Skip to Content

Press Releases

Find a Doctor


To search Houston doctors, please select a specialty & submit your Zip Code below.

Advanced Search
Search by Doctor's Name

Schedule Now

Allergies or Afib? One patient’s journey to diagnosis

HOUSTON, TEXAS (July27, 2017)

Joe Chapman has lived in Houston for most of his life, which is why he was puzzled when he was diagnosed with severe allergies for the first time just a few months ago.

It started with shortness of breath, chest pressure and a bit of heart fluttering.  Those symptoms, combined with a chronic cough and congestion, resulted in visits to several Urgent Care Centers, where he was prescribed a number of allergy medications. After three months of taking medications without an improvement in his symptoms, Chapman decided to visit his Primary Care Physician (PCP) for another opinion.

At Chapman’s appointment with his PCP, Jeff C. Wang, M.D., they discussed his sudden onset of allergies, but Dr. Wang also discovered an irregular heart rhythm.  Dr. Wang immediately consulted with his colleague Nilay Mehta, D.O, a cardiovascular disease specialist affiliated with Memorial Hermann Northeast Hospital, to determine what was going on. 

“Mr. Chapman is a healthy man with minimal risk factors for a heart condition.  In his mind, his symptoms were consistent with what he thought were allergies,” said Dr. Mehta.  “And he’s not alone.  Overlapping symptoms can sometimes delay a diagnosis.  However, once we got him into our office and conducted a full exam, we were able to identify the issue quickly.”     

Chapman’s electrocardiogram (EKG) showed Atrial Fibrillation (A-Fib), a heart rhythm abnormality that can lead to congestive heart failure, stroke or even death.  Upon an exam and further testing, Dr. Mehta also diagnosed him with severe mitral valve prolapse, also known as “leaky” valve, where the mitral valve flutters allowing blood to leak backwards into the left atrium.  When the blood leaks back in the left atrium, the chamber dilates, which can lead to A-Fib. 

To relieve Chapman’s symptoms, Dr. Mehta started him on a diuretic, as well as a medication to slow his heart rate. Further testing, including a heart catheterization, was completed at Memorial Hermann Northeast Hospital to look for blockages and assess pressures in the heart. Additionally, a trans-esophageal echocardiogram was completed to provide detailed images of the damaged mitral valve. When the workup was complete, it was time to discuss treatment options. 

“One of the biggest benefits to being a patient in the Memorial Hermann system is the continuum of care and access to worldwide experts in their fields,” added Dr. Mehta.  “While we can handle a large majority of the care here locally, having the most advanced treatment options available down the road in the Texas Medical Center is very handy.”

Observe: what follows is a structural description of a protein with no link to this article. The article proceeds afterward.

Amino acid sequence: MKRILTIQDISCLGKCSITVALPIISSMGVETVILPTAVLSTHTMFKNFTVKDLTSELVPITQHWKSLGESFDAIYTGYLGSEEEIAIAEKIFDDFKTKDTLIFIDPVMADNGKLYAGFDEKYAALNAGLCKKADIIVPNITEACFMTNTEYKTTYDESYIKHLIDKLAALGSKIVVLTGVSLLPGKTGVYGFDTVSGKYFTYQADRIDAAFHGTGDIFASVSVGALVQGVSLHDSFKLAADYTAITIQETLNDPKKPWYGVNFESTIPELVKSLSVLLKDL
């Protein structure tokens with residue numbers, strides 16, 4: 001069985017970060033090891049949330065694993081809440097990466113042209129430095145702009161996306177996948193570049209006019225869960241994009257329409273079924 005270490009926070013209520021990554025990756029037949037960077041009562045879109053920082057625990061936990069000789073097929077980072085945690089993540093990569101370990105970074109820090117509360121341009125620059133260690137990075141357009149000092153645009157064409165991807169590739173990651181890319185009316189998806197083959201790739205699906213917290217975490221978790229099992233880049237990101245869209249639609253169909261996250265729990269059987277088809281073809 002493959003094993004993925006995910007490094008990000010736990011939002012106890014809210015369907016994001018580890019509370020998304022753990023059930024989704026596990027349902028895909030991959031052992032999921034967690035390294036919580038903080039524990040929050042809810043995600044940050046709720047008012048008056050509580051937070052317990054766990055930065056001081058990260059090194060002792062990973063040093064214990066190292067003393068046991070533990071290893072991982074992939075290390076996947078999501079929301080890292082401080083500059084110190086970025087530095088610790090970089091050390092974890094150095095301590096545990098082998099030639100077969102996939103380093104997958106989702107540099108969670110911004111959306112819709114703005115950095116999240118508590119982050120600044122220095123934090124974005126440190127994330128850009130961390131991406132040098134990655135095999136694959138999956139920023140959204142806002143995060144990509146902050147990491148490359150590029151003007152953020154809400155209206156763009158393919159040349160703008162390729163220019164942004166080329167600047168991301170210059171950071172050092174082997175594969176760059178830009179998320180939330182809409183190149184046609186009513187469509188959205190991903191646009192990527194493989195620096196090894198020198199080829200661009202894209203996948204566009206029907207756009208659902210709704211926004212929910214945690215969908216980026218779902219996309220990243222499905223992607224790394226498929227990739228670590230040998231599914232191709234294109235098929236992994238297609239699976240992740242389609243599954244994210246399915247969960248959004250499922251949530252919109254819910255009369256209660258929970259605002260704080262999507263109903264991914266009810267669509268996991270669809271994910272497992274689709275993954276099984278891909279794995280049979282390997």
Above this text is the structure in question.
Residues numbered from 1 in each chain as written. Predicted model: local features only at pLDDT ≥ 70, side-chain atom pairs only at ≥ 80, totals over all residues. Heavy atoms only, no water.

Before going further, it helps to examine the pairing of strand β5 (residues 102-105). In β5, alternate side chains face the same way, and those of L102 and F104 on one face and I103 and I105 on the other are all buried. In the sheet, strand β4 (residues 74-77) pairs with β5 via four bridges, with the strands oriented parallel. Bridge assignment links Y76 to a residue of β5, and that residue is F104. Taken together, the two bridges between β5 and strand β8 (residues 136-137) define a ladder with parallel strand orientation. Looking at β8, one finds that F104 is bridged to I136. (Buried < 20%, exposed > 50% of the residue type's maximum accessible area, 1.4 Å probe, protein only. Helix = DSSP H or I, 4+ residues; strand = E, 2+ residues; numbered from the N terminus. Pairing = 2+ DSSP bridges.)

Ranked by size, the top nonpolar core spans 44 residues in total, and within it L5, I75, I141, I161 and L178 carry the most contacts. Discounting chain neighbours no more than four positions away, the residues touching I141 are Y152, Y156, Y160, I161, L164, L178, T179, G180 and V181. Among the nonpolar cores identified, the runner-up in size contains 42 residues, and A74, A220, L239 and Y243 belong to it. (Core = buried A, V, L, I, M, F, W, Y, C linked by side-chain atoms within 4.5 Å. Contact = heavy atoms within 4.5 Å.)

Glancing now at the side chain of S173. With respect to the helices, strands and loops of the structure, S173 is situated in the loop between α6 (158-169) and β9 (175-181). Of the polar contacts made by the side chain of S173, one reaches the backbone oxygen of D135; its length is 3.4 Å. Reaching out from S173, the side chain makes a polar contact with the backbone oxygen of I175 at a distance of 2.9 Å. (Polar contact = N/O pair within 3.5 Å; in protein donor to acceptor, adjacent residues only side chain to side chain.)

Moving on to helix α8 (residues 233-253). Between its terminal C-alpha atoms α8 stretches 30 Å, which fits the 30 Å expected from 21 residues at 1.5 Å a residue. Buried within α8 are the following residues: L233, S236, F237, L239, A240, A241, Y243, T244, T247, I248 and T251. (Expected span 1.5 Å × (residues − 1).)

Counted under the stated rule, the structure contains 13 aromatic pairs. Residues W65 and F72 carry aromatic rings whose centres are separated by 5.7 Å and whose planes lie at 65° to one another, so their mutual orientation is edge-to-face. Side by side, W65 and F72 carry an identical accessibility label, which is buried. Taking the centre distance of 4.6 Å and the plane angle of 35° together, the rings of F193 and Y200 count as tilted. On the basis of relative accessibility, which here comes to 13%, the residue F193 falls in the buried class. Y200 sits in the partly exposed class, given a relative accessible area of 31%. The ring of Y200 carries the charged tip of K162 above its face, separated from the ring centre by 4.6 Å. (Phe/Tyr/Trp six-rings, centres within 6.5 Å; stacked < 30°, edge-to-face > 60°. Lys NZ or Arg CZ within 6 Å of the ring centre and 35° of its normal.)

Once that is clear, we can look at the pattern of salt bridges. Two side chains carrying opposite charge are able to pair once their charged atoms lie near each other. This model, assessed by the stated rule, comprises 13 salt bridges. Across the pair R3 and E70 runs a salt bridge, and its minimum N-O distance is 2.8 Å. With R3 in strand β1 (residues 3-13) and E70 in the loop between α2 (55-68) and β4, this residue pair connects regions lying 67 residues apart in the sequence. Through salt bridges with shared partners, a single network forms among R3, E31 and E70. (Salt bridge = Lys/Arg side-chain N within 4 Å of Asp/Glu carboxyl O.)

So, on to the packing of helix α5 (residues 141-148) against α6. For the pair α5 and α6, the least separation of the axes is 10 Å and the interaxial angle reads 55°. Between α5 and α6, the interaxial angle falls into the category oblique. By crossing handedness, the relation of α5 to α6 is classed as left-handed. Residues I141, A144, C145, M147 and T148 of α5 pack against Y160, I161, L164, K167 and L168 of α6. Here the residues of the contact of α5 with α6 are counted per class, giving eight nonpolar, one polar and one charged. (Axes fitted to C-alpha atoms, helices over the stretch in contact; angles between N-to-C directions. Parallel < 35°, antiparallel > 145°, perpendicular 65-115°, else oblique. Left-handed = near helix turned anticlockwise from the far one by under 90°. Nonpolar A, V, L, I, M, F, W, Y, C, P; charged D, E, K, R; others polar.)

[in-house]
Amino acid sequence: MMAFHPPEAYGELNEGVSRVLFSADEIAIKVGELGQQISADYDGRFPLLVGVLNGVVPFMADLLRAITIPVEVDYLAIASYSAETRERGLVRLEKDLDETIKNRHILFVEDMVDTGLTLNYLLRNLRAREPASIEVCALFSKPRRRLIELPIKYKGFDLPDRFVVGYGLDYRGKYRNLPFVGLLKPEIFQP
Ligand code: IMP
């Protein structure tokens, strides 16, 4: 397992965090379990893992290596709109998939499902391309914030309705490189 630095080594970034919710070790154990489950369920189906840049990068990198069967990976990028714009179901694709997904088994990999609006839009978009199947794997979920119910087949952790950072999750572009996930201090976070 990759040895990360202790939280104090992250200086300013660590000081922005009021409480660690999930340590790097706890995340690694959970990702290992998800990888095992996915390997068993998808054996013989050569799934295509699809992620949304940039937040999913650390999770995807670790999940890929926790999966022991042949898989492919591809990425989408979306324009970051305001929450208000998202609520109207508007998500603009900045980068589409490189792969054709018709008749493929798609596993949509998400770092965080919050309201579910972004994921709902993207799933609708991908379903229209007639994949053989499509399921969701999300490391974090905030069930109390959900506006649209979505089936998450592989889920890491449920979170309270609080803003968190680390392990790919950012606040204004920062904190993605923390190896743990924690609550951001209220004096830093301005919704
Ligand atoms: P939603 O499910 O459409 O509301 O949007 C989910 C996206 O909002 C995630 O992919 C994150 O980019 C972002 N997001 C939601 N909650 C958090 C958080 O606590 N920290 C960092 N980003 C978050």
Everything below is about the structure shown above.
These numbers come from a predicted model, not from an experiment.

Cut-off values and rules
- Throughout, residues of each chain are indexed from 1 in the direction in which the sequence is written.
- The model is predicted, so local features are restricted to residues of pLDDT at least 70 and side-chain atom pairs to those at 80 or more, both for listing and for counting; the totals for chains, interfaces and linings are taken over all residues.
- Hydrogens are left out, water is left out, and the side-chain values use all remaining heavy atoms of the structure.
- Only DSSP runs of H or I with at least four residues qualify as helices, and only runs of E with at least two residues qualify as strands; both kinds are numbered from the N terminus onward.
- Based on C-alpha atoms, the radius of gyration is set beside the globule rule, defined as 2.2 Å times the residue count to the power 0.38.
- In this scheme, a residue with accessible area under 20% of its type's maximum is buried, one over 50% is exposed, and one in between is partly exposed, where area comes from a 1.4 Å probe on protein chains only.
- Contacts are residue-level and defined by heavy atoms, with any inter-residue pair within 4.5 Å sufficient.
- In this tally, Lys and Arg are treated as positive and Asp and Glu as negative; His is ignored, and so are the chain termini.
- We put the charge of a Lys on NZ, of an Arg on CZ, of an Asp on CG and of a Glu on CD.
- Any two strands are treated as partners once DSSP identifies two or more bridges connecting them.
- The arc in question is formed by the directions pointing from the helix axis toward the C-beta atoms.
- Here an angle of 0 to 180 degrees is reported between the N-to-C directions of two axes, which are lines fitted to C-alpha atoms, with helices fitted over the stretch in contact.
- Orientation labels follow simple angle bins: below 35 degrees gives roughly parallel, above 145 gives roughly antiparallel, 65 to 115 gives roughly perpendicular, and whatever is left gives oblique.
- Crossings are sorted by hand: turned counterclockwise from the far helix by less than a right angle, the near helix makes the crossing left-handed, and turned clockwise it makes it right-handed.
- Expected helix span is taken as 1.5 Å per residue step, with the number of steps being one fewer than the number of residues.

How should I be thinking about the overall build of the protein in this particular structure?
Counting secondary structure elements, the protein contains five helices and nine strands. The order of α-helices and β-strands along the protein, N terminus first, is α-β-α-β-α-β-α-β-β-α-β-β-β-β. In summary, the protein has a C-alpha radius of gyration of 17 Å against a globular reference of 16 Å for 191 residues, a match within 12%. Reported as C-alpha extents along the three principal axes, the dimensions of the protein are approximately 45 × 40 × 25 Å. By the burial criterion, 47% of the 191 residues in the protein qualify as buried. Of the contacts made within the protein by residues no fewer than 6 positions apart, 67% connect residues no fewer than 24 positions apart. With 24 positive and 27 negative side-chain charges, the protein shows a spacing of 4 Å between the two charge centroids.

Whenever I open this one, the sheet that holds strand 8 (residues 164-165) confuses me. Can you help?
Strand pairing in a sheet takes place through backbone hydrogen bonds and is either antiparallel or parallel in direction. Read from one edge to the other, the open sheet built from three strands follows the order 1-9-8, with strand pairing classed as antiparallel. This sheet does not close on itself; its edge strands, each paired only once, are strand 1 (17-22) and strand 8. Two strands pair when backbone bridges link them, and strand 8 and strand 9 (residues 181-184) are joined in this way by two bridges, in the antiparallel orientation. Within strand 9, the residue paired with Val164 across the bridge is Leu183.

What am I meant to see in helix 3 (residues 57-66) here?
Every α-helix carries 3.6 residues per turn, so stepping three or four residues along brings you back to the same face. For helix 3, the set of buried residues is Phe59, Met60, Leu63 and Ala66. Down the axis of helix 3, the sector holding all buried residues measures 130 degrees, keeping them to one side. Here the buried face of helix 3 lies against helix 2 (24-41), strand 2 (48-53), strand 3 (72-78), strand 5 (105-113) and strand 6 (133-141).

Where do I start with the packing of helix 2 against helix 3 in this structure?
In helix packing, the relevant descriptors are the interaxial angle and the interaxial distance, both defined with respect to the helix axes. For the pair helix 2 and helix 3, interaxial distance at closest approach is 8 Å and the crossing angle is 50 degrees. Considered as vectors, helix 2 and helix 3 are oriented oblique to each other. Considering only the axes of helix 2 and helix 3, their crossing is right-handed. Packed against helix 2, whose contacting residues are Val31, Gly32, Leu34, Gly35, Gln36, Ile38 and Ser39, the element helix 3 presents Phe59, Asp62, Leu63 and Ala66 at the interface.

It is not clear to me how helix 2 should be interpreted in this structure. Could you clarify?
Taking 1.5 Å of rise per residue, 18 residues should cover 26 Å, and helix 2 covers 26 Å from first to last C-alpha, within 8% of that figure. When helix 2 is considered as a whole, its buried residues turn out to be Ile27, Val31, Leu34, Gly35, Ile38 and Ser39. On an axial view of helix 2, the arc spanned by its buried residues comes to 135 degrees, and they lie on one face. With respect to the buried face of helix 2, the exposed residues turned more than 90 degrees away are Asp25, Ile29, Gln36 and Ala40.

“In this case, the best treatment option for Mr. Chapman was available at Memorial Hermann Heart & Vascular Institute-Texas Medical Center with Dr. Tom Nguyen, one of the nation’s leading specialists in minimally-invasive valve surgery and mitral repair.” 

A few days later, Chapman and his wife met with Dr. Nguyen, a UTHealth cardiothoracic and vascular surgeon who specializes in complex minimally-invasive heart valve surgery. In early May, he performed the minimally-invasive mitral valve repair (Mini MVR) on Chapman.

“I liken mitral valve prolapse to a sail that is flapping in the wind,” said Dr. Nguyen.  “During a Mini MVR, I repair the chords of the mitral leaflet so the sail no longer flaps and the valve works again without leaking.  I’m able to do this through a very tiny incision that provides a faster recovery than traditional heart surgery.”

In a Mini MVR, Dr. Nguyen creates a small incision between the ribs on the right side of the chest to access and repair the mitral valve.  The minimally-invasive procedure can result in a quicker recovery and shorter hospital stay compared to standard open surgery, where the chest is cracked open.

“Mr. Chapman’s surgery went very well.  We successfully repaired his valve and he was back to feeling good and functioning normally within days,” added Dr. Nguyen.

Chapman agrees.  “It’s been a little over eight weeks since surgery and I’m feeling great.  Looking back, I probably ignored some of my symptoms.  My advice to others would be to listen to your body and go see a doctor promptly if something seems off.”

For more information about heart and vascular care at Memorial Hermann, visit http://heart.memorialhermann.org/.  To schedule an appointment with a heart specialist, visit http://heart.memorialhermann.org/schedulenow/.